So after a season where more headlines were made off the pitch rather than on it, Ulster, the 1999 Heineken Cup kingpins and forerunners of Ireland’s glorious history in the competition, will still have a place at the top table of European rugby next season.
Munster head coach Johann van Graan has chosen a virtual second strength team for this evening’s Guinness PRO14 clash with Ulster at Thomond Park while his counterpart Jonno Gibbes goes into the game short two of his most valuable players, full-back Charles Piutau and scrum-half John Cooney.
They said the "vast majority of members" support this and further warn that "many" members have made it clear that failure to do so "will strongly influence their decision on season ticket renewal or their future Kingspan attendance".
As someone who teaches sports law and criminal law in Melbourne, but who lived and lectured in Belfast for 15 years, I followed the trial and acquittal of Paddy Jackson, Stuart Olding, Blane McIlroy and Rory Harrison with deep and obvious interest, writes.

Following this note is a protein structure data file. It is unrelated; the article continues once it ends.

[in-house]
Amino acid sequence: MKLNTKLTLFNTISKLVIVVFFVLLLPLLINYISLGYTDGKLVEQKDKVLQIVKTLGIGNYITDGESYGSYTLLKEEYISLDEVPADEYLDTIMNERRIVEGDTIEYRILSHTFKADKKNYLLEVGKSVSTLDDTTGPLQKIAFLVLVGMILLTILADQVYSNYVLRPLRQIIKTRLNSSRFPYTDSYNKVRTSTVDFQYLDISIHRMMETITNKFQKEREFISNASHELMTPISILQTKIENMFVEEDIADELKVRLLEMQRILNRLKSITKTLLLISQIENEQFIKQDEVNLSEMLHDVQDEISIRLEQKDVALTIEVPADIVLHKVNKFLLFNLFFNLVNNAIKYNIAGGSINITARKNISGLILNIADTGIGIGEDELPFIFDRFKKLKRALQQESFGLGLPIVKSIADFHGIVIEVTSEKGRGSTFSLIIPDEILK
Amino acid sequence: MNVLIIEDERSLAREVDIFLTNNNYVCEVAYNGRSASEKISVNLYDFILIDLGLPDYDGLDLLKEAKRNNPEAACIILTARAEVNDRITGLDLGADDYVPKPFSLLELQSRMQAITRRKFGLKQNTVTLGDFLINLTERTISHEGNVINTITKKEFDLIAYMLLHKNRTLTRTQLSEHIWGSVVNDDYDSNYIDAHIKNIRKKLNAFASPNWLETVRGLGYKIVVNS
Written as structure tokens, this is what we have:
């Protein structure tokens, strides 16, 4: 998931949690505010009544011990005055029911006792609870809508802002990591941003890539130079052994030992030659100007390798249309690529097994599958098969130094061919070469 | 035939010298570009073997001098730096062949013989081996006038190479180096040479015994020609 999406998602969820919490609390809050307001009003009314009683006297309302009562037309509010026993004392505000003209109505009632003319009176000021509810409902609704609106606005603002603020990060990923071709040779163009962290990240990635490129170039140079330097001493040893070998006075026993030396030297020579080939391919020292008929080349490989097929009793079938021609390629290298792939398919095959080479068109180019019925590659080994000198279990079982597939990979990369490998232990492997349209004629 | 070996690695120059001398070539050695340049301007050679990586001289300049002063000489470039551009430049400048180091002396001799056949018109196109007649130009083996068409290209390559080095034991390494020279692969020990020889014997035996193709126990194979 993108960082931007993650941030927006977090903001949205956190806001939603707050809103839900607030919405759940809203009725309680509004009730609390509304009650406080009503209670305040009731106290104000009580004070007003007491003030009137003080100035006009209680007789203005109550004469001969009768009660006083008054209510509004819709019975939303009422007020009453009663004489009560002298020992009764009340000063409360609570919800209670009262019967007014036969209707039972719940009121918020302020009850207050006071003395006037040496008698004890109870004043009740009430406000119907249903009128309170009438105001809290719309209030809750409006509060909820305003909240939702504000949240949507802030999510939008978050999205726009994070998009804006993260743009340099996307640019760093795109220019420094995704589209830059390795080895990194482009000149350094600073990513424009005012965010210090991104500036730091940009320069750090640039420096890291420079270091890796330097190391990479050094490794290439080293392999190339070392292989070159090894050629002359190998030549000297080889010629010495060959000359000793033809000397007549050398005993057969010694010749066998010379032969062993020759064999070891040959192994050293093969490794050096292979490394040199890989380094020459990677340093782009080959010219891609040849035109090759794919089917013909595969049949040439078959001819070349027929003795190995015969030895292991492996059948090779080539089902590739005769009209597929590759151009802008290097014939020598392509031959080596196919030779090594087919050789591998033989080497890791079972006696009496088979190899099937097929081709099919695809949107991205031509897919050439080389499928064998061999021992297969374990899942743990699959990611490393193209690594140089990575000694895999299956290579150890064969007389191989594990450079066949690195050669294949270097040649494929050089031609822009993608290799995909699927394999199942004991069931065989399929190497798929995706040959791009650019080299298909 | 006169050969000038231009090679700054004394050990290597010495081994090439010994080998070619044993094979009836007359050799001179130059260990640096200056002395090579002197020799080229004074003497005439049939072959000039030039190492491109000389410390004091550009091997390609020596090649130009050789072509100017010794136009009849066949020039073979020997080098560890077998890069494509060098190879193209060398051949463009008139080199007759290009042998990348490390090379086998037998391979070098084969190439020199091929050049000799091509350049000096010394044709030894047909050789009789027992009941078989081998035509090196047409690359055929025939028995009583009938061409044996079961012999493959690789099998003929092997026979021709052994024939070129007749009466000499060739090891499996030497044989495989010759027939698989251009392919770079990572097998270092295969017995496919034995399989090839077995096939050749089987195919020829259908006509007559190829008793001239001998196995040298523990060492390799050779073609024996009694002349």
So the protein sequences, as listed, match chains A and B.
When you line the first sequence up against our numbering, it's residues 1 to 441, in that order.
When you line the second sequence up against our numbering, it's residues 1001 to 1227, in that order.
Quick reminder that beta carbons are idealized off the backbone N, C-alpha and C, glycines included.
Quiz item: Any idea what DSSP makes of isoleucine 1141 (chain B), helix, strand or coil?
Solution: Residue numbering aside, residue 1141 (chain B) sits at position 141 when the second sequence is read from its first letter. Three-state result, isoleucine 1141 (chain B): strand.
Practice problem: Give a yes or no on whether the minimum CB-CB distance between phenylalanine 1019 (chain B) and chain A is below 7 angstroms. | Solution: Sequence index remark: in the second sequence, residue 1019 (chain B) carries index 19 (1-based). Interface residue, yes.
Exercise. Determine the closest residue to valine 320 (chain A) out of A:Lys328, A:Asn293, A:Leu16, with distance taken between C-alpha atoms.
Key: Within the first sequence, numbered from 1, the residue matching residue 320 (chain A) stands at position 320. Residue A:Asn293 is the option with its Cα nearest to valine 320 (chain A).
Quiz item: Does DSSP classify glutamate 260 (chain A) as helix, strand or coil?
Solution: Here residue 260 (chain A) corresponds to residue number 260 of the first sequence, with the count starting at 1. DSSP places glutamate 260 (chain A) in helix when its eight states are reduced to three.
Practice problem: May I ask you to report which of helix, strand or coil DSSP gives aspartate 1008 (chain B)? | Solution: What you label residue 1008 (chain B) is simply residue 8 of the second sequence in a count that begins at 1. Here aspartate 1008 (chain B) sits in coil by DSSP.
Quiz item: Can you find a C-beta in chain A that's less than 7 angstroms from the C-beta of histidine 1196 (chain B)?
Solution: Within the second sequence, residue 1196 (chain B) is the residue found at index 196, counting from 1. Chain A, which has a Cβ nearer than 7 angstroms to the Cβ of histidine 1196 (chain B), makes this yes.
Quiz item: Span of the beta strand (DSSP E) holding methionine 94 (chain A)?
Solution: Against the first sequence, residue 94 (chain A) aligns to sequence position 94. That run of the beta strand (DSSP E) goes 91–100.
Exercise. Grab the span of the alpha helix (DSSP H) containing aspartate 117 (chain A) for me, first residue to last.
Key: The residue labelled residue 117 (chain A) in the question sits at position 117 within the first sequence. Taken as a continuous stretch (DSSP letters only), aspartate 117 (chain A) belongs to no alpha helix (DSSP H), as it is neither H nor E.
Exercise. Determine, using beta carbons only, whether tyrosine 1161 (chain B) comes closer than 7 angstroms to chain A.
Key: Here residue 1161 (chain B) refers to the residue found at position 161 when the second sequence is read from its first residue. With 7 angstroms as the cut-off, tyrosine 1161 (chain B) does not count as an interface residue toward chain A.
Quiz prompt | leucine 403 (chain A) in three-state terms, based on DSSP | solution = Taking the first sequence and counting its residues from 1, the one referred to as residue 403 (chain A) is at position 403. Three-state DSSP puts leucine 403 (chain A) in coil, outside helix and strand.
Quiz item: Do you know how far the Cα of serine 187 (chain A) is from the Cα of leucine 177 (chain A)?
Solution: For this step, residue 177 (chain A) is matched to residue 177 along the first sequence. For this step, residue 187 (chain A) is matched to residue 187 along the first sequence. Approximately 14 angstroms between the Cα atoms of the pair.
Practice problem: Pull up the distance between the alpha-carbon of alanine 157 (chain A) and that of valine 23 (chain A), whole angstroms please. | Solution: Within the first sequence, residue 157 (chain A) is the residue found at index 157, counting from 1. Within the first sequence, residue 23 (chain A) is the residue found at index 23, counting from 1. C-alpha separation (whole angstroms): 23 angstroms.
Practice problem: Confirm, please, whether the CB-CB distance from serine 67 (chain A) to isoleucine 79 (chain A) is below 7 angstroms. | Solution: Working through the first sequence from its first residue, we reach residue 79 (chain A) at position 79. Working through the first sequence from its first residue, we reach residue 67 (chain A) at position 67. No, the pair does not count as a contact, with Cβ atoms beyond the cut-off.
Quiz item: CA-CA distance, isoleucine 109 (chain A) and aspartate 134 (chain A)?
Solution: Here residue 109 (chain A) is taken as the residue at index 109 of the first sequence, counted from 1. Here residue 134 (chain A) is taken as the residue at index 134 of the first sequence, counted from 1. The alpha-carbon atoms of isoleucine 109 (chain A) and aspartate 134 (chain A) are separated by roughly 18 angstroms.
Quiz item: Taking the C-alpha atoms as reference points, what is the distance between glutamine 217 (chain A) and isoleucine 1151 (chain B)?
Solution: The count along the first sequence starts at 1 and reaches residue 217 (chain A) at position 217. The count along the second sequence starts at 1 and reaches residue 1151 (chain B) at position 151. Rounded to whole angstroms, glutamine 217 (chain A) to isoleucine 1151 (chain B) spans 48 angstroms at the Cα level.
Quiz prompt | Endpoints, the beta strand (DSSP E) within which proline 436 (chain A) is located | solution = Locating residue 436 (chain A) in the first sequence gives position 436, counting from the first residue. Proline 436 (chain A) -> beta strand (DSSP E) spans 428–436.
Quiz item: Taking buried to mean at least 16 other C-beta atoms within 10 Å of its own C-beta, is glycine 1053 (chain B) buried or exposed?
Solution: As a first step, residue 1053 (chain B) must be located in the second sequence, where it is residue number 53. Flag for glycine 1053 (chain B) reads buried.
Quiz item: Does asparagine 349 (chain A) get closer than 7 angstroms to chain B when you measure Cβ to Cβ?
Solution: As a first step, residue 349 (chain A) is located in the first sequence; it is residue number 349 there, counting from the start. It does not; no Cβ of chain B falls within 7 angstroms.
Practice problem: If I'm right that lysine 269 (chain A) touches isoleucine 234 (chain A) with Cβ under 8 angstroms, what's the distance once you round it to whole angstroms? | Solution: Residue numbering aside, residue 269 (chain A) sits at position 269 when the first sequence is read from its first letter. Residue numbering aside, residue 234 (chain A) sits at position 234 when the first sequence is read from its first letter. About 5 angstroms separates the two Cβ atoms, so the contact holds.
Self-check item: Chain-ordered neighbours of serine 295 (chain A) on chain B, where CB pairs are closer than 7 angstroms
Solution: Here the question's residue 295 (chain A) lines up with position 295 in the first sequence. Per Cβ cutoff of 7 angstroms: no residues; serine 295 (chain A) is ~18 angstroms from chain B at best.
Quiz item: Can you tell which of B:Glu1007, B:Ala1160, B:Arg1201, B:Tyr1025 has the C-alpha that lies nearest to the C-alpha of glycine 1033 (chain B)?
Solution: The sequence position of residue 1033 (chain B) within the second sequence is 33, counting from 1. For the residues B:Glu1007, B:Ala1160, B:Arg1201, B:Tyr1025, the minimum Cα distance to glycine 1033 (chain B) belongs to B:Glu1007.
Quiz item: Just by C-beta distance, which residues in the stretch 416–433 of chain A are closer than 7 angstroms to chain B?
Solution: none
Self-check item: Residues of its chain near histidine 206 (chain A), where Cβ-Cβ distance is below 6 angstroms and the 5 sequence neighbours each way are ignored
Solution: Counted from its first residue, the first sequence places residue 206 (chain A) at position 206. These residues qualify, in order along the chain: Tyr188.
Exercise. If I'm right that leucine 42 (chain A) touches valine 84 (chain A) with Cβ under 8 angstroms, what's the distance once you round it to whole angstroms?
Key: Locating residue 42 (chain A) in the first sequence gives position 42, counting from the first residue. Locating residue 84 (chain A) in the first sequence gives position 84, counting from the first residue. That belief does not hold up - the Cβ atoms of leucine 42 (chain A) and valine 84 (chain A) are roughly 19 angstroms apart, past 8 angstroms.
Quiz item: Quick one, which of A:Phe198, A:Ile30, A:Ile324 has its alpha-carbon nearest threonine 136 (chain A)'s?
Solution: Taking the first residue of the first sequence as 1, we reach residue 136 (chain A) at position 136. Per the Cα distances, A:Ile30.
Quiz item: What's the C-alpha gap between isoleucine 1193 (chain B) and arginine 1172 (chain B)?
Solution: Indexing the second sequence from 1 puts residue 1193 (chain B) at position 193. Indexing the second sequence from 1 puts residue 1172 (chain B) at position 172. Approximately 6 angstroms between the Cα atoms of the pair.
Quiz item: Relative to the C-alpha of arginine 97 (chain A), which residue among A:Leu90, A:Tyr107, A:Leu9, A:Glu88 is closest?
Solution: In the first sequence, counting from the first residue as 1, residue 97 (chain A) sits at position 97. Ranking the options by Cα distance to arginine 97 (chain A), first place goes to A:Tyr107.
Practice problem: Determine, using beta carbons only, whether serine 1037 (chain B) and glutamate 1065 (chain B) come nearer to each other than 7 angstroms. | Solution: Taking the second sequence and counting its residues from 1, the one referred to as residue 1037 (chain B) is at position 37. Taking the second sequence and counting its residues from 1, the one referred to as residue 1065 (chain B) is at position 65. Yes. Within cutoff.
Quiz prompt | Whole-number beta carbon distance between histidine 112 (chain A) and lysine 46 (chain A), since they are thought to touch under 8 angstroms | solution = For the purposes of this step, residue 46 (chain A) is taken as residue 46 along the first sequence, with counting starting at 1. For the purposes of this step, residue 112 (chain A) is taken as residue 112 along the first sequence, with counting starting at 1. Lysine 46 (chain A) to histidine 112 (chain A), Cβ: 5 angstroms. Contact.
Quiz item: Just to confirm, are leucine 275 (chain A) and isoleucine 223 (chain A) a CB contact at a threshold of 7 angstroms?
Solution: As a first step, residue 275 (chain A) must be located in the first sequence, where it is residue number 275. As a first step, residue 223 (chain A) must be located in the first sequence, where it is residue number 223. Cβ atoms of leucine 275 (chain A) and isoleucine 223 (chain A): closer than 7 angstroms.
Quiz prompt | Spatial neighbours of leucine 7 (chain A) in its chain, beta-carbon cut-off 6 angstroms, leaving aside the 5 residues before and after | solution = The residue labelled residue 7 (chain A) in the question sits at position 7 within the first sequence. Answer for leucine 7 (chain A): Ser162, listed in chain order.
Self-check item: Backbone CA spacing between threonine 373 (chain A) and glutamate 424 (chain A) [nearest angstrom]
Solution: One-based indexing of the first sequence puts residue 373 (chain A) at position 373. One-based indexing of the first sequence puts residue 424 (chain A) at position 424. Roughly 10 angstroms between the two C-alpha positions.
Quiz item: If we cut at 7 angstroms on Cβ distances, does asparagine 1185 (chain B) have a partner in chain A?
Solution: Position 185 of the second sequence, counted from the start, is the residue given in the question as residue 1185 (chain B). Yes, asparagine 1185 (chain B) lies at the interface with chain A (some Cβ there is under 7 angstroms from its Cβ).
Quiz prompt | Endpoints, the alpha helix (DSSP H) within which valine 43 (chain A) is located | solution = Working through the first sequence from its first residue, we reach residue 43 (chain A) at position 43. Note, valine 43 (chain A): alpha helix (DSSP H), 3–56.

While Ulster’s players and management insist that the focus is entirely on Saturday’s lunchtime clash with Pool 1 leaders La Rochelle, it’s become clearer who will be replacing Christian Leali’ifano when the Wallaby’s short-term contract ends this month.
Veteran wing Tommy Bowe will be the centre of attention as Ulster seek to consolidate their Guinness PRO14 position when they travel to the compact and atmospheric Rodney Parade to face Bernard Jackman’s Dragons this evening.
Ireland, their Six Nations hopes still alive, will enter the white heat of a Friday night appointment at the Principality Stadium with head coach Joe Schmidt trusting his leaders in an unchanged team to keep emotions in check on what promises to be another high-octane showdown with Wales.